posted by Devonian at 11:47 AM on April 3, 2013 [1 favorite]


Colonel Panic: "

If there is a sequel to 2001 perhaps it is the next "gift" we receive that will allow us to travel in between the 0s and 1s. Quantum Mechanics shows us we can be in two places at the same time. We need to go beyond the whole number.
"

2010.
posted by Splunge at 12:41 PM on April 3, 2013


[T]here was a book published shortly after the movie came out. It was written by a high school student, a girl, and was really really good, and talked a lot about the themes of the movie, trying to decipher it.

Can't find it now online. Ring a bell at all?


You might be thinking of Margaret Stackhouse's reflections of 2001, which were reprinted in Jerome Agel's "The Making of Kubrick's 2001". It's a fantastic book - well worth tracking down.
posted by New Frontier at 1:16 PM on April 3, 2013 [2 favorites]


Splunge: ": 2010."

I watched both 2001 and 2010 within a few days of each other a few years ago and wow, 2010 is such a bad film in comparison. Cliched characters, sloppy direction, bad special effects and worst of all, SOUND IN SPACE!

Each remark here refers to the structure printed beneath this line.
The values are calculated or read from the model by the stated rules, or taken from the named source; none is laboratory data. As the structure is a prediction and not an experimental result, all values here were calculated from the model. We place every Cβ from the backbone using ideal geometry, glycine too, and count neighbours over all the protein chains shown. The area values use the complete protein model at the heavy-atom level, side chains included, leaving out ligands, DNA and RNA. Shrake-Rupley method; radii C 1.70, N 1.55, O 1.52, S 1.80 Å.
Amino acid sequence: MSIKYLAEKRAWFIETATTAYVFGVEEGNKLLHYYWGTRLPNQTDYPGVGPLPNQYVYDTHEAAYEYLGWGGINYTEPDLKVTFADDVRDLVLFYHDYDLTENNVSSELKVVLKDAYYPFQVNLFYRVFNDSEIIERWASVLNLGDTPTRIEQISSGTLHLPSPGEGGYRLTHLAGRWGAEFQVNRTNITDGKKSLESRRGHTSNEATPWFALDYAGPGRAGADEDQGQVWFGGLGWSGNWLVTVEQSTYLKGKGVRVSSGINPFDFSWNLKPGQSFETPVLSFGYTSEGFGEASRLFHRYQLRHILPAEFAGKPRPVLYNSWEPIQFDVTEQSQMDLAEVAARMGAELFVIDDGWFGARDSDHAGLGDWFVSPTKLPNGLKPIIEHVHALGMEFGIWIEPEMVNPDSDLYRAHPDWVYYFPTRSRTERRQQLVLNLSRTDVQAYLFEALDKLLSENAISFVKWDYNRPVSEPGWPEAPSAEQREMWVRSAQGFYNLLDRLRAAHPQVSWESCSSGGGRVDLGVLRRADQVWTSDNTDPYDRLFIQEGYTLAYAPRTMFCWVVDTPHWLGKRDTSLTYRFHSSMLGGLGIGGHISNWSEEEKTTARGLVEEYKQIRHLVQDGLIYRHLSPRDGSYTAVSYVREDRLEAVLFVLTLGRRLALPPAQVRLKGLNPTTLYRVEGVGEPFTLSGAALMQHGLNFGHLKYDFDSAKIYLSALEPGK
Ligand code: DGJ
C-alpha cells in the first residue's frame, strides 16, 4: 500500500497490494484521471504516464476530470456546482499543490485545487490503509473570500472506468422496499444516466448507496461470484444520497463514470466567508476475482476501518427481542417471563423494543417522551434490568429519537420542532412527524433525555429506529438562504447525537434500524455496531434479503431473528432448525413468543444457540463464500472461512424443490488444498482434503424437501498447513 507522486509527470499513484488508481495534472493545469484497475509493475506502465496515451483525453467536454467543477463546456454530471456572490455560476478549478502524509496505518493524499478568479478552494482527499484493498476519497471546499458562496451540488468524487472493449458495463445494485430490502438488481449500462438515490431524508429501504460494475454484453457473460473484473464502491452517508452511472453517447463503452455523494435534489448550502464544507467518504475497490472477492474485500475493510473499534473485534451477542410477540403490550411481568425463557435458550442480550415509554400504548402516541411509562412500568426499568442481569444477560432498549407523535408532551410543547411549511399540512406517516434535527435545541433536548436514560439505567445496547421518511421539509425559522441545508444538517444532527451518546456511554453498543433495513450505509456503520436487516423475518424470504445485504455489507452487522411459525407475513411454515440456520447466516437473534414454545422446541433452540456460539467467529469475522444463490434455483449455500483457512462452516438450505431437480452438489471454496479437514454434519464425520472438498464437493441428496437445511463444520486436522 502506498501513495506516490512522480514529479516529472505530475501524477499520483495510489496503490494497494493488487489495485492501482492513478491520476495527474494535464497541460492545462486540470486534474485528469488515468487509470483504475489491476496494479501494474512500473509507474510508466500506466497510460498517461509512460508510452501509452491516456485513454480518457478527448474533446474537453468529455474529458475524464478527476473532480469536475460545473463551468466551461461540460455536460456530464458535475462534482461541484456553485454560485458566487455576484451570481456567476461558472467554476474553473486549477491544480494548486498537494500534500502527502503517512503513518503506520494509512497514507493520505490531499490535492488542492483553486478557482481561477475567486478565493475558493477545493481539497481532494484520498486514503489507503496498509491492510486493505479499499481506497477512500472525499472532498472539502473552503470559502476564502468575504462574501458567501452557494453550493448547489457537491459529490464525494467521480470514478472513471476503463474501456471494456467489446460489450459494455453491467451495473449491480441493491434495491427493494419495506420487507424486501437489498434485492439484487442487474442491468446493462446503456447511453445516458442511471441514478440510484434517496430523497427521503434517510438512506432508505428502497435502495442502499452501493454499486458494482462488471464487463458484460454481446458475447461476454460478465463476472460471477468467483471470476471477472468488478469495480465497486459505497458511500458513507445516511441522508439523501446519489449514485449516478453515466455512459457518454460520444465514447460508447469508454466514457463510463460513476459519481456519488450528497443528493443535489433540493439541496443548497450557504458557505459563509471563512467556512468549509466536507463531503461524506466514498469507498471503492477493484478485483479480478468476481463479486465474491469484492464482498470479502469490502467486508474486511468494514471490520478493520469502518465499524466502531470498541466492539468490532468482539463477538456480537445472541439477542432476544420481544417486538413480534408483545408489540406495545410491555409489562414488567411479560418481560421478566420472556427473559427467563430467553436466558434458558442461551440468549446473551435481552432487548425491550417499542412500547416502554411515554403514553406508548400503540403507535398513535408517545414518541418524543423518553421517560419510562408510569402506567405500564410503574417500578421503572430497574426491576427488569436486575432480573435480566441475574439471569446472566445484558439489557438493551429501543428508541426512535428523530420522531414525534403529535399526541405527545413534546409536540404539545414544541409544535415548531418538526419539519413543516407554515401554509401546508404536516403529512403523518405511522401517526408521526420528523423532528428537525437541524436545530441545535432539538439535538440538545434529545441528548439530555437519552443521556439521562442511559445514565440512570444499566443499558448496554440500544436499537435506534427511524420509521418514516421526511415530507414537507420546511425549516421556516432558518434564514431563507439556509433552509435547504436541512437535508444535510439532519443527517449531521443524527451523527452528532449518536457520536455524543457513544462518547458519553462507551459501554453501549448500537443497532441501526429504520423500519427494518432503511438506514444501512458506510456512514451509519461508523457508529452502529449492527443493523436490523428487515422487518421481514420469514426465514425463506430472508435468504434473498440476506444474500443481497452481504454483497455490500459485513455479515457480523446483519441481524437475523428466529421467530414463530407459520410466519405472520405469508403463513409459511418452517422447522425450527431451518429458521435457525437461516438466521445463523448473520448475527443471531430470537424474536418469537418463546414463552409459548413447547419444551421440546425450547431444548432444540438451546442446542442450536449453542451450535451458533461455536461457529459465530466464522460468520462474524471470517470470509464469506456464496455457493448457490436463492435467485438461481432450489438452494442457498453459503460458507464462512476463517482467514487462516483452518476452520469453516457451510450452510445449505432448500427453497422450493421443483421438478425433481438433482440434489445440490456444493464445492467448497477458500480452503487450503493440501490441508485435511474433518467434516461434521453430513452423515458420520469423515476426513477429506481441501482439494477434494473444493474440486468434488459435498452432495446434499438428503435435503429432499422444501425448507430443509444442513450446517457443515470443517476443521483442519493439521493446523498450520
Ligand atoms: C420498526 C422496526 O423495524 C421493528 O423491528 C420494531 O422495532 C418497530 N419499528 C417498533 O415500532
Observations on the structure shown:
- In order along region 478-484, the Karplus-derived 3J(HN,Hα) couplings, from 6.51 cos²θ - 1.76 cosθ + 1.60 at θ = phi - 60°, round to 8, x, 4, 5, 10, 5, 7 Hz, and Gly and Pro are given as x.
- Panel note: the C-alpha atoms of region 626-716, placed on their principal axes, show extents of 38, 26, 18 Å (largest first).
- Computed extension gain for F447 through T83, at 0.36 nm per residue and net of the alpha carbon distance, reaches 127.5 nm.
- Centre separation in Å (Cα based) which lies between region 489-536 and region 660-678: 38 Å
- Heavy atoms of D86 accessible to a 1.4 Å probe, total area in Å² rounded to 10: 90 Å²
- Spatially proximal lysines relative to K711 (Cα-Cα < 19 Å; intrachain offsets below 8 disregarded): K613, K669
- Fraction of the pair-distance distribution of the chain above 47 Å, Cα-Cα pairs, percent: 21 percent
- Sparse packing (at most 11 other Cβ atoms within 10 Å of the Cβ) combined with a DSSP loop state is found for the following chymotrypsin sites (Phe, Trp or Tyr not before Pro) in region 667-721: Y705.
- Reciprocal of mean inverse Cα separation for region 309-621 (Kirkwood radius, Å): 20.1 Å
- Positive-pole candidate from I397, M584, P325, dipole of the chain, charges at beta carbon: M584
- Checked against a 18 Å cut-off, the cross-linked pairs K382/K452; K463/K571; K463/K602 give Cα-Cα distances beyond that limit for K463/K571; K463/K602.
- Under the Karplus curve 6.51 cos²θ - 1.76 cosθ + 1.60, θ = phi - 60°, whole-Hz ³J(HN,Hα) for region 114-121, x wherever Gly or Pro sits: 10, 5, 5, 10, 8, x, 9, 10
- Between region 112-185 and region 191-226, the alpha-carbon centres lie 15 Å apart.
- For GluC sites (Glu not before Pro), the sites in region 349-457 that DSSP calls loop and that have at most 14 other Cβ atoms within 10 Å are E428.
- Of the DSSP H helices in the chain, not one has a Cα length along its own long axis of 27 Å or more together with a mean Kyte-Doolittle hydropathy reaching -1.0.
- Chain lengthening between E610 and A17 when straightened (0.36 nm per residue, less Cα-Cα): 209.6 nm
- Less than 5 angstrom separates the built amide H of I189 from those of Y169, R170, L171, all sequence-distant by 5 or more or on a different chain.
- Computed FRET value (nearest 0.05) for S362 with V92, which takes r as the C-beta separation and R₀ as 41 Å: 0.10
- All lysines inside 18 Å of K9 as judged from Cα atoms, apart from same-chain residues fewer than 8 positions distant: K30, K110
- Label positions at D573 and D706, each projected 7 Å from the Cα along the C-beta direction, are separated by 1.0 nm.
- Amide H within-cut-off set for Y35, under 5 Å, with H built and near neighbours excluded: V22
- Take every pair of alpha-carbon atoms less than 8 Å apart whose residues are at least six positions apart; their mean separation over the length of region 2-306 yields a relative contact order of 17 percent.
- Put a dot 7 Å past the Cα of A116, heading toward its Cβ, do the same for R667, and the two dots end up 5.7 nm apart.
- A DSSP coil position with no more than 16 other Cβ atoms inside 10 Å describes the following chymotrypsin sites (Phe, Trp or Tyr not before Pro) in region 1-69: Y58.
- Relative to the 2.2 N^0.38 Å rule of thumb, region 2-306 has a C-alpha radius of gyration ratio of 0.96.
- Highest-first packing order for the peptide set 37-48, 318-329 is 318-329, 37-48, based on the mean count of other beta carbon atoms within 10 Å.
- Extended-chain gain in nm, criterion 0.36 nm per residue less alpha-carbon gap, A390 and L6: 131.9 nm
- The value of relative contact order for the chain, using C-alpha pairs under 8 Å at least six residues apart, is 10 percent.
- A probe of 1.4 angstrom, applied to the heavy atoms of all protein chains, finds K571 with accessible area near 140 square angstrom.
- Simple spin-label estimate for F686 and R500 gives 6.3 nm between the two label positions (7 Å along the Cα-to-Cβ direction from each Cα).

posted by octothorpe at 1:29 PM on April 3, 2013


Well, 2001 is a masterpiece, and 2010 is just a middlebrow, talky action film set in space. I don't think it's crappy -- it's quite watchable (and what a great cast) -- but it has its annoyances. The biggest failure, however, is its inability to translate any of the real ideas of the book into the story.

Sound in space, though, that's just a storytelling function. I don't think it's really a hill to die on.
posted by dhartung at 2:43 PM on April 3, 2013


The books are good until 3001, which is just bad. I wish I'd seen the Sydney Symphony's presentation of 2001 with a live score; it would have probably blown my mind.
posted by Charlemagne In Sweatpants at 3:18 PM on April 3, 2013


I've been revisiting Kubrick's movies lately, and it's taken me all these years to actually realize that he is one of my favorite filmmakers. His films have been a continuous part of my life since I was a kid, but it's taken watching all of them again over a few months to cement how significant they are in my, I dunno, visual vocabulary or something. It's odd, because the chilliness and... astringency of his work wouldn't seem to match up with my personality all that well, but there it is. Strangelove, 2001, Clockwork Orange, The Shining, Full Metal Jacket (Eyes Wide Shut is hard for me because Tom Cruise just grates on me), and you know, the others, to varying extents: milestones for me.